The Science Behind Tabata Exercises

The Tabata method of exercise is one that’s becoming well-known around the world. More and more are turning to interval training due to its effective nature, and the Tabata method is the most celebrated. The Tabata method is eight rounds of intense exercise that are performed for 20 seconds, which is followed by a 10-second break. This was designed by Professor Izumi Tabata and lasts for four minutes in total for each exercise.

Tabata introduced this new method in the late 1990s, making its debut in the CrossFit scene early in 2001. Since then, it has become a staple that many people follow to the letter. While we know its popularity and effectiveness, what’s the science behind why the Tabata method works? Let’s break it down and show why Tabata is the best way to exercise.

Tabata’s Research

Dr. Tabata isn’t simply one doctor that theorized that his new method would be effective without putting it to good use. Instead, he studied athletes that were preparing for the Summy Olympics and how they performed aerobically. First, he took those that were doing extended aerobic workouts while also studying those that were training in short bursts which would ultimately be his new method.

High-intensity interval training was known about at the time, but not really well researched. It wasn’t until Tabata found that those that were putting out maximum effort for 20 seconds at a time before going into light exercise for 10 seconds were increasing their VO2 maximum. Not only did it improve aerobic performance in studies, but also increased anaerobic performance so that athletes could use their muscles without oxygen.

The Rest Rate

Four minutes sounds like a breeze on paper, but it’s much harder than it sounds. A big reason for that is that after the maximum effort gets put into effect, even the lowered effort is still significant exercise, and it’s only for 10 seconds at a time. This allows your heart rate to drop into a better range before you kick it back into performance overdrive.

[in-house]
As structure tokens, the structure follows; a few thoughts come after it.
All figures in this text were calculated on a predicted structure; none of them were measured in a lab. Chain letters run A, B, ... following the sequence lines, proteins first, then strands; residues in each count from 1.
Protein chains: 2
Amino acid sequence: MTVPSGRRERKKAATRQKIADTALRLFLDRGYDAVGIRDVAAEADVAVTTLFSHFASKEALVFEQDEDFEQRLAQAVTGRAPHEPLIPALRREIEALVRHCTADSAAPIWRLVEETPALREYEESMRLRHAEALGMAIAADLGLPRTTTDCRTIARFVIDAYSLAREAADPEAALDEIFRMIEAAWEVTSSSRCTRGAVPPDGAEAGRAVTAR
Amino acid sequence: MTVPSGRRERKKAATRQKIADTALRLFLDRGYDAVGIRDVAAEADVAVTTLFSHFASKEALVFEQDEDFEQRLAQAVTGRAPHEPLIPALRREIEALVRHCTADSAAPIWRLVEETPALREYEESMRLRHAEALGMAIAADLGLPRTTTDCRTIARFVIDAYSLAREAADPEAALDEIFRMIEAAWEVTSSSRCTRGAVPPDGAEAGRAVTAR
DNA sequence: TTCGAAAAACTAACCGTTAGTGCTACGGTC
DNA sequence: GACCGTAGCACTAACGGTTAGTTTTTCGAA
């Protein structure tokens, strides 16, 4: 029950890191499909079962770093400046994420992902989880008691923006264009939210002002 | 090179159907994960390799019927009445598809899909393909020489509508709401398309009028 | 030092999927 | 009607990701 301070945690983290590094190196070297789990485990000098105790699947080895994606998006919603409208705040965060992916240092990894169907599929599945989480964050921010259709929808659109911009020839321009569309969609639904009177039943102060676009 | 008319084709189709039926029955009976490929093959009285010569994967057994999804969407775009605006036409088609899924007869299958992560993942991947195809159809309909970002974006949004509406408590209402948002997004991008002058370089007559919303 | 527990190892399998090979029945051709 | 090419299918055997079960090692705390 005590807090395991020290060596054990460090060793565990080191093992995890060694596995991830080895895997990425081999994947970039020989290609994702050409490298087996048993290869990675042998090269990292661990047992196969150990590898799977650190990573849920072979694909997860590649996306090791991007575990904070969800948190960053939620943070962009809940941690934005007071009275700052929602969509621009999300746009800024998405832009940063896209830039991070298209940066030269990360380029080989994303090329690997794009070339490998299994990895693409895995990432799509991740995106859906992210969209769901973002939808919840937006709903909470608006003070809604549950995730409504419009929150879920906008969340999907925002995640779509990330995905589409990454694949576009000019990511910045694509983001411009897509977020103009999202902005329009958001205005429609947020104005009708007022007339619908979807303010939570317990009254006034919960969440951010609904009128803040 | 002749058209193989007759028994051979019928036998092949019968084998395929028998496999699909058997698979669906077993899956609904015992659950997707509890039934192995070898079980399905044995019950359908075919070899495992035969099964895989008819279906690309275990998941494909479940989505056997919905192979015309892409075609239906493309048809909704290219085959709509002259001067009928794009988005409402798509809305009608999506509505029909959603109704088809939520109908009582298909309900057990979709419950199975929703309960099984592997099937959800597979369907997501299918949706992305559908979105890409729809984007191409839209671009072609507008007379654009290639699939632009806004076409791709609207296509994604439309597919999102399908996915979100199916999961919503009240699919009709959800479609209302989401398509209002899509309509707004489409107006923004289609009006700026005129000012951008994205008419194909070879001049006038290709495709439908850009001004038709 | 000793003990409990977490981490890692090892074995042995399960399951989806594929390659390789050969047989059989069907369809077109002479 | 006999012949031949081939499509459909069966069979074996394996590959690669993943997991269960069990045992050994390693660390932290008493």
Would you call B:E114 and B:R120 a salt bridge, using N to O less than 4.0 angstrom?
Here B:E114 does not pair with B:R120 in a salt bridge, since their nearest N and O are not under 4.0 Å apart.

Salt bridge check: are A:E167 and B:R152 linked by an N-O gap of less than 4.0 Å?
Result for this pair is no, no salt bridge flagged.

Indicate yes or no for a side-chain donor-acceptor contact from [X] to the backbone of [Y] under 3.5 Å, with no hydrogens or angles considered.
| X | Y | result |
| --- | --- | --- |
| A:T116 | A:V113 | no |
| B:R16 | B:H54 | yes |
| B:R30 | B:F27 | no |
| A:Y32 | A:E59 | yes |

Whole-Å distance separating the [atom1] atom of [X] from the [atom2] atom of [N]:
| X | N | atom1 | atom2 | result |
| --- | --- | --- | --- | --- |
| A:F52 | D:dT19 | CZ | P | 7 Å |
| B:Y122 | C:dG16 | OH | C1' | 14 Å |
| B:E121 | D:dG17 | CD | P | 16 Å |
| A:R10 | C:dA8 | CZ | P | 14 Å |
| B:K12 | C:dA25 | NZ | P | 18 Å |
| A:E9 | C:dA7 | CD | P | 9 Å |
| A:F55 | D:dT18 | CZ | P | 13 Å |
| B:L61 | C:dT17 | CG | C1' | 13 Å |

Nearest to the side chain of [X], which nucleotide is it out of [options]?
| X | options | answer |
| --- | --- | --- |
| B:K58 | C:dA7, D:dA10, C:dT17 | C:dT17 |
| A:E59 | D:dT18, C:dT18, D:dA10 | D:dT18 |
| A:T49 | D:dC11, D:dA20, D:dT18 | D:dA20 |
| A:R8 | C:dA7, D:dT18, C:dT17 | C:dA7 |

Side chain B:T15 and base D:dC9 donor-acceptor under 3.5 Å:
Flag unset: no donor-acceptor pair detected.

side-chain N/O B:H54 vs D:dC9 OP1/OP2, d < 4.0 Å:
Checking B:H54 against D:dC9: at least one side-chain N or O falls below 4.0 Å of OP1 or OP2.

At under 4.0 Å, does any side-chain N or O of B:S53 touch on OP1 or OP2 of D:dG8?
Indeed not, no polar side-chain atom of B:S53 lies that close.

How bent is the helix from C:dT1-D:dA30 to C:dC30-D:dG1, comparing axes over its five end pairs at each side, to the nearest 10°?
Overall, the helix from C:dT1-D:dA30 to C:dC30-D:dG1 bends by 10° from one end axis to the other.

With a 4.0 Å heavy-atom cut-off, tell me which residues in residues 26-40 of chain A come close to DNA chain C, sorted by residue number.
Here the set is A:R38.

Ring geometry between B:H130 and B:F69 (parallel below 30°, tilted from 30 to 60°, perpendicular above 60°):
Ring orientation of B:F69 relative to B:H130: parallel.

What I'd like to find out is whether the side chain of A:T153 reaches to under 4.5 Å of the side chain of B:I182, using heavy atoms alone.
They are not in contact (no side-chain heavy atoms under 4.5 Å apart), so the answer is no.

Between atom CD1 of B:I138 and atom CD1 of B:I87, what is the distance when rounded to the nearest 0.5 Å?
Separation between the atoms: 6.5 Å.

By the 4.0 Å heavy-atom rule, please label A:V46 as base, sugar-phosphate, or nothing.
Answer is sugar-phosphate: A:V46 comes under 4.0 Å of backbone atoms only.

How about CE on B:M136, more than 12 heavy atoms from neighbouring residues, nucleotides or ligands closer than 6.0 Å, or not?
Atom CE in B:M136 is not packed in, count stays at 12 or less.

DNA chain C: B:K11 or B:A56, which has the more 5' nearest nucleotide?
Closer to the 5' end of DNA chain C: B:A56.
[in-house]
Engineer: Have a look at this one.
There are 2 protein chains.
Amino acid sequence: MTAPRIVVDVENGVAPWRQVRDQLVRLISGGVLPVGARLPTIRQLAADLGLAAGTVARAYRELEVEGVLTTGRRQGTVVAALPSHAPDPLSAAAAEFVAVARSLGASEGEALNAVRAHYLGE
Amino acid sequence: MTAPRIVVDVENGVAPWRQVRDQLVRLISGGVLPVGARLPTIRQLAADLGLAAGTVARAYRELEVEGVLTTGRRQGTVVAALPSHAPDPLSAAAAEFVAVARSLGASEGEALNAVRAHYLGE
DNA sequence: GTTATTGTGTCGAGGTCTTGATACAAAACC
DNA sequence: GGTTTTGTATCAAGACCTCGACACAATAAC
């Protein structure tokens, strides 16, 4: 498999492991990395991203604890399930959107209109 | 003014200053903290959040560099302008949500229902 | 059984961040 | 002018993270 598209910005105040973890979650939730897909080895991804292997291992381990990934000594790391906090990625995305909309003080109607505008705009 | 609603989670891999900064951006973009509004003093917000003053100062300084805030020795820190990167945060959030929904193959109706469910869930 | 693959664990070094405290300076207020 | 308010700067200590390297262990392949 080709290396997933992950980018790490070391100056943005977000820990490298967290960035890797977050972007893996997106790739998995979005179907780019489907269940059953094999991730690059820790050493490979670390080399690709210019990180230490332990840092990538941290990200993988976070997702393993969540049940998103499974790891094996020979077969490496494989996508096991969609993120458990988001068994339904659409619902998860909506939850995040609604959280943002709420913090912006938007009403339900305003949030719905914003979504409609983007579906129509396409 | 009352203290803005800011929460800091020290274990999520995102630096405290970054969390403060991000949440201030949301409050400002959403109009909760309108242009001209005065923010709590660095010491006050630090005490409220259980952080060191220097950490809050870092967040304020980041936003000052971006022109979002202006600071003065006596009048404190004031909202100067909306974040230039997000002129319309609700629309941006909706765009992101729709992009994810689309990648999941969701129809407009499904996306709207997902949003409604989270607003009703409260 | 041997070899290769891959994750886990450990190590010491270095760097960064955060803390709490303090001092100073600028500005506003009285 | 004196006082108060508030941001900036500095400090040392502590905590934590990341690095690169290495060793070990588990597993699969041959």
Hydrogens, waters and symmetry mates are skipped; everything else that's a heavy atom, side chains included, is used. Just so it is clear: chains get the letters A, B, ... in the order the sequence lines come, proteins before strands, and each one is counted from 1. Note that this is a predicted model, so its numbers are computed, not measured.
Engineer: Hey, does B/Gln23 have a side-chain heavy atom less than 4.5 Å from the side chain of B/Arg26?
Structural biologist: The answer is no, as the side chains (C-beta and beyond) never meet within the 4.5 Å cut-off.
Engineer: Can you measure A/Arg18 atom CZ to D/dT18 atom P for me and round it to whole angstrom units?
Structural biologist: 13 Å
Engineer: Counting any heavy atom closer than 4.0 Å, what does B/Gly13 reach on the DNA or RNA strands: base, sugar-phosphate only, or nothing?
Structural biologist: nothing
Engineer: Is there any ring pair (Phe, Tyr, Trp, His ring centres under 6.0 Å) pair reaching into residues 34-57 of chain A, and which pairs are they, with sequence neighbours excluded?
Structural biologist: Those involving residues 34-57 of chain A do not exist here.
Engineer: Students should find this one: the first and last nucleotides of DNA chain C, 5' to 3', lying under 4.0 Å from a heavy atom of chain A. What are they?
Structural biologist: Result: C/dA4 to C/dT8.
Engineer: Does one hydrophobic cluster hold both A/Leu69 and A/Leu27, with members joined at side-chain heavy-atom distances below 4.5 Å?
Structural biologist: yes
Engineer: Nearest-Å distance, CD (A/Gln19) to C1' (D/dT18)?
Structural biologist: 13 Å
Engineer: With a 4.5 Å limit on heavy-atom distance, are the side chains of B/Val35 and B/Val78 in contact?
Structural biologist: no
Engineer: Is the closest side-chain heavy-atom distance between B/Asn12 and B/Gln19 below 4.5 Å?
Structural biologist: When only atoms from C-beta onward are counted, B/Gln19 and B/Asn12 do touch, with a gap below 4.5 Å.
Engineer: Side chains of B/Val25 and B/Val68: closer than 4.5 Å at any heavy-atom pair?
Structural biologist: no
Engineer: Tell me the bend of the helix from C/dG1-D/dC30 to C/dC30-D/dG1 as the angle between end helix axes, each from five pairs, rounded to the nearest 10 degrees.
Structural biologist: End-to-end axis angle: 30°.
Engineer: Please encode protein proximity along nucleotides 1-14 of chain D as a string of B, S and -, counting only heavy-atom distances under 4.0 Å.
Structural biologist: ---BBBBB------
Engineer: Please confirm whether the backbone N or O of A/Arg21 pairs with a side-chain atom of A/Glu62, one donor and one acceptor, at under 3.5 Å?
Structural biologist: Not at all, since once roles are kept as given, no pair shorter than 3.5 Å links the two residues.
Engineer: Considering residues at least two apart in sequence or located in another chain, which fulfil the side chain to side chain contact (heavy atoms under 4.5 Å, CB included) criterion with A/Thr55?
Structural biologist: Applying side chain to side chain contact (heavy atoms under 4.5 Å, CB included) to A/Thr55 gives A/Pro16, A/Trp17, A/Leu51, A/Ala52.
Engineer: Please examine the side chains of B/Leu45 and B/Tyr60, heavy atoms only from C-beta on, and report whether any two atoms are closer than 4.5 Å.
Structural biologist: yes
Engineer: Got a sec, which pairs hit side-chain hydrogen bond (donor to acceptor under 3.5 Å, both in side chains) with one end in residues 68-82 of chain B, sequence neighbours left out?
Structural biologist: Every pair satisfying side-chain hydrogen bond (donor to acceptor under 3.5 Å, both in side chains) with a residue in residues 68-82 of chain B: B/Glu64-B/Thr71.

The Tabata method then allows you to rest for however long you need after your four-minute window has closed on an exercise. Some might only need a minute or two before they’re ready to start back up while others may need a full hour. Either way, mixing it up between the bursts of high heart rate and performance heart rate is great for effectiveness, while also burning fat. That leads us to our next point:

Bye Bye Fat

On top of being effective in building muscle and endurance, the Tabata method is one of the most effective ways of burning fat imaginable. Interval training has already been shown to be great for fat loss, and the Tabata method takes that to the next level. Trainers around the world have praised Tabata for coming up with the method that has helped their clients shed unwanted pounds while also helping with their mental health while adding muscle.

The Tabata method is a shot in the arm for your metabolism, and the maximum heart rate is reached with each exercise putting your body into the prime fat loss zone. Almost all major studies have shown that overweight or obese people see a more improved fat loss through the Tabata method, and even underweight people were able to build better muscle strength and increase aerobic capacity. Therefore, no matter what your starting point, Tabata helps get you to your healthiest possible.

From Tabata Himself

Dr. Tabata put a lot of work into finding the right numbers that would get the maximum results. However, he didn’t figure that his name would become attached to the exercise. “I had no idea it was going to be as popular as it has become,” Tabata humbly said. “It has been very exciting, and I’m very flattered that the name Tabata has become synonymous with this form of exercise.”

Those that have gone through the Tabata method have seen their cardiorespiratory fitness increase by an average of 10 percent. While that doesn’t sound like much, that’s actually a massive difference when it comes to that particular health measurable. Doing Tabata exercises can reduce your chances of heart disease, lower cholesterol, burn fat, and increase performance. With all of that in mind, you’re probably kicking yourself for not doing these exercises sooner!

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